Learn to Read Spanish in ONE HOUR!

It CAN be done. YOU can do it (I believe in you!). UNDERSTANDING what you are reading is another story. But by following some simple guidelines, you will be able to pronounce written Spanish.

Spanish has far fewer sounds than English, to begin with, and nearly all of the sounds you need to make are sounds you already know. The biggest problem for English speakers is that most of the vowels in Spanish are NOT pronounced as they would be in English. So let’s cover vowels first.

We’ll start with the letter ‘a.’ In English there are many ways an ‘a’ is pronounced, one of which happens to be how it’s pronounced in Spanish. In Spanish it is ALWAYS pronounced ‘ah’ as in ‘father.’ It is NEVER pronounced ‘ay’ as in ‘paste’ or ‘fate.’

That brings us to the letter ‘e.’ In Spanish, ‘e’ is pronounced like a long ‘a’ in English, as in ‘say’ or ‘pay’ or ‘late.’ Sometimes the sound is shortened up like the ‘e’ in ‘pet’ or ‘let’ but never pronounced like the ‘e’ in the English ‘feel’ or ‘need.’

The letter ‘i’ in Spanish is another that bothers English speakers because it is pronounced like the English long ‘e.’ It is never pronounced as in the English word ‘pirate’ or ‘like’ nor like the short ‘i’ in ‘pit’ or ‘if’ but always like the ‘i’ in ‘pizza
or the ‘e’s in ‘feel.’

The letter ‘o’ on Spanish is easy, because it is always ‘oh’ as in ‘so’ or ‘go.’ It is never pronounced as in ‘got’ or ‘hot’ but always as a long ‘o.’

The letter ‘u’ is pretty simple too, as it is always pronounced ‘ooh.’ The sound is like the ‘oo’ in ‘pool’ or the ‘u’ in ‘rule.’ It is NOT pronounced as ‘yu’ like in the English ‘fuse’ or ‘putrid.’

That’s pretty much it for the vowels except for a few 2 vowel combinations (called ‘dipthongs’).

‘ai’ is pronounced like the English long ‘i’ as in ‘pirate’ or ‘light.’
‘au’ is pronounced as ‘ow’ as in ‘cow’ or ‘allow.’
‘ei’ is pronounced like the English long ‘a’ as in ‘paste’ or ‘race.’
‘oi’ is pronounced like the ‘oy’ in ‘boy’ or ‘toy.’

Consonants are pretty much the same as in English with a few exceptions:

‘c’ changes sound like it does in English and can be either hard like in ‘cake’ or soft like in ‘cell.’ ‘C’ in front of an ‘e’ or an ‘i’ is soft. In front of ‘a’ ‘o’ or ‘u’ it is hard.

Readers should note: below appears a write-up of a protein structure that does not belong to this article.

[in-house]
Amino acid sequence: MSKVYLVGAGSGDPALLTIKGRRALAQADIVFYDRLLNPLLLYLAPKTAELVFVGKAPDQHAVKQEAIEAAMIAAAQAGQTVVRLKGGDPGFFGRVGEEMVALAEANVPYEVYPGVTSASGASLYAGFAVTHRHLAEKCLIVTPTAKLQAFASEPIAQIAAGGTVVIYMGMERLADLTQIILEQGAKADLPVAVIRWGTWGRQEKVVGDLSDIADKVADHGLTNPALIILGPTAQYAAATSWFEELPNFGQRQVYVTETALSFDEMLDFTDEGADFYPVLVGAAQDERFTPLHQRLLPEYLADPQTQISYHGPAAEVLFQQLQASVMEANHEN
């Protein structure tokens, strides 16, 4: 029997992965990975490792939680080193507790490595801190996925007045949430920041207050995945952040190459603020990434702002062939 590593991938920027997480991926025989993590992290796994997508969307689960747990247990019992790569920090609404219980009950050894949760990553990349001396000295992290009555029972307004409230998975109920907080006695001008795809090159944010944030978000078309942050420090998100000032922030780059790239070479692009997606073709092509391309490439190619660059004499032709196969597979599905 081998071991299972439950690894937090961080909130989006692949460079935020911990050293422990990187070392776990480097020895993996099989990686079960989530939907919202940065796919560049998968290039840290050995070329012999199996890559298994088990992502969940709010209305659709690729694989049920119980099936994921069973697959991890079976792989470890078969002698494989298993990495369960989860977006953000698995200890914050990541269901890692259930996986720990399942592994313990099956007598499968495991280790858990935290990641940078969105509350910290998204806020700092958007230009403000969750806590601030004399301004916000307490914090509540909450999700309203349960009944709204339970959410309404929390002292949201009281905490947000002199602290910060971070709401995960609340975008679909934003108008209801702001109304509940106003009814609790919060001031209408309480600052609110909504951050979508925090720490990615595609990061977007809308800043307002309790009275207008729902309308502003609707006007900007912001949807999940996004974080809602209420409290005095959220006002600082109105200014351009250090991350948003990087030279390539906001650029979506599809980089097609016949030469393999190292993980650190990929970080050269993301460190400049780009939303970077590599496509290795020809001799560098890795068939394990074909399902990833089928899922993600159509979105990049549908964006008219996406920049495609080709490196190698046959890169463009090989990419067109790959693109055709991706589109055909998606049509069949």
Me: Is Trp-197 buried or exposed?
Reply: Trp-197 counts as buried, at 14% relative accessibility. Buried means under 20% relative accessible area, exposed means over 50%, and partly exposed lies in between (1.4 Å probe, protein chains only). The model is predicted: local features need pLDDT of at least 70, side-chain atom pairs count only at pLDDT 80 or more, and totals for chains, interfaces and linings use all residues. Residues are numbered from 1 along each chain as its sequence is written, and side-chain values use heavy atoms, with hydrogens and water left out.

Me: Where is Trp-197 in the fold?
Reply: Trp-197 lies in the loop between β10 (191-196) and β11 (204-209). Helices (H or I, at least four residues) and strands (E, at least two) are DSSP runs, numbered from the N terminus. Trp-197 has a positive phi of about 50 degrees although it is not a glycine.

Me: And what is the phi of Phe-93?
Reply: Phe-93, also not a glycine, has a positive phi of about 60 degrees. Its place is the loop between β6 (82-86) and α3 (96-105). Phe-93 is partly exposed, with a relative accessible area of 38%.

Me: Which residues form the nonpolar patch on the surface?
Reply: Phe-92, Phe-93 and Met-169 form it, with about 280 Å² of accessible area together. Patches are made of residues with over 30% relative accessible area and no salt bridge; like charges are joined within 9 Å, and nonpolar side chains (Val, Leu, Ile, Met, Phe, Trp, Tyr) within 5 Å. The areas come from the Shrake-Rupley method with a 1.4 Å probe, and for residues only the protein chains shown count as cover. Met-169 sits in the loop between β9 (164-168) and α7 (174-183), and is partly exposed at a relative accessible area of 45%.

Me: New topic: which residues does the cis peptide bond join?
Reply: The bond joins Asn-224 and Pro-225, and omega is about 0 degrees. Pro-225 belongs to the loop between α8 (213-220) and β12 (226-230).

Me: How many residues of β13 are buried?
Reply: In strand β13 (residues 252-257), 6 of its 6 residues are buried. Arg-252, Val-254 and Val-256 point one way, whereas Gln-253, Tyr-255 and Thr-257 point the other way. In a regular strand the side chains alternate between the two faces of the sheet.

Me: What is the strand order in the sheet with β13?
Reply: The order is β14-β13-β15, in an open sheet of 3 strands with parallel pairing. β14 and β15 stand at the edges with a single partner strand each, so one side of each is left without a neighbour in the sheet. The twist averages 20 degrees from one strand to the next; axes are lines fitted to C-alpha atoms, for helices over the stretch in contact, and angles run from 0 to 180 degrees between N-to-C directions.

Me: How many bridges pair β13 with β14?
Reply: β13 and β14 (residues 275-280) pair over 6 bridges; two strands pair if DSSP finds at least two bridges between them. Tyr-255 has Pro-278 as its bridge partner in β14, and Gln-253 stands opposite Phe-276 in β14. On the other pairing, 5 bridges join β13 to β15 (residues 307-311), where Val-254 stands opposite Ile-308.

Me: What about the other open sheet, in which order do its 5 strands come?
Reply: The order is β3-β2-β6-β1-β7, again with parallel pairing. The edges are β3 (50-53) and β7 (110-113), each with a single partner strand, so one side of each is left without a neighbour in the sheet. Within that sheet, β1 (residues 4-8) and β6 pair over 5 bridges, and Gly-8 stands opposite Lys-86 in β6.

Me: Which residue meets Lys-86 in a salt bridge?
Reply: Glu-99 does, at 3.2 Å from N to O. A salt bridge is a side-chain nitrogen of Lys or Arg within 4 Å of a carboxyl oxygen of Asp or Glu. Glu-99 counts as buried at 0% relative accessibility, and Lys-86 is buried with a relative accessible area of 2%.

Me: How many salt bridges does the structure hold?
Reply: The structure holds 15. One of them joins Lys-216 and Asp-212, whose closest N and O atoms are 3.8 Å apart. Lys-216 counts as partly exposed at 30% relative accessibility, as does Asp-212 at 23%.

‘b’ and ‘v’ are both pronounced about halfway between an English ‘b’ and and English ‘v.’ You can get by just using your the English sounds, you’ll be understood.

‘g’ is like ‘c’ and changes depending on the vowel that follows it. It is soft in front of ‘e’ and ‘i’ and pronounced like the English letter ‘h.’ In front of ‘a’ ‘o’ and ‘u’ it is hard, as in ‘go’ or ‘garbage.’

‘h’ is similar to English, but it is silent if it is the first letter of a word.

‘j’ is a bit of pronounce similar to the English ‘h.’

‘ll’ is a problem for English speakers because it has NO ‘L’ sound to it, but is pronounced as if it were a ‘y.’

‘ñ’ is a letter that doesn’t exist in English. It sounds like the ‘ni’ in onion.

‘r’ is rolled slightly, similar to a Scottish ‘r’

‘rr’ is rolled longer, as long as you care to keep it up 🙂

One last thing is emphasis/stress, which is very important in being understood. Which syllable to stress usually depends on the last letter of the word: If it’s a vowel (‘a’ ‘e’ ‘i’ ‘o’ ‘u’) or ‘n’ or an ‘s,’ the stress is on the next to last syllable. Words that end in other consonants stress the last syllable. Exceptions to this rule are words that have an accent mark, in which case the syllable with the accent mark is stressed.

Start with the vowels. Then try the consonants, and lastly the stress. It’s not hard, give it a try. You’ll find it will be a lot easier to learn Spanish if you can visualize the words and not depend entirely on sound. Happy landings!

Lingerie Model !acx DWP 2c Clyde Cover ACX 2  !t Clyde 1 !t Clyde Heads South !t Clyde 3 Cover !t Clyde Complete Cover !t DWP 1 Sexy African Woman in front of Hotel Door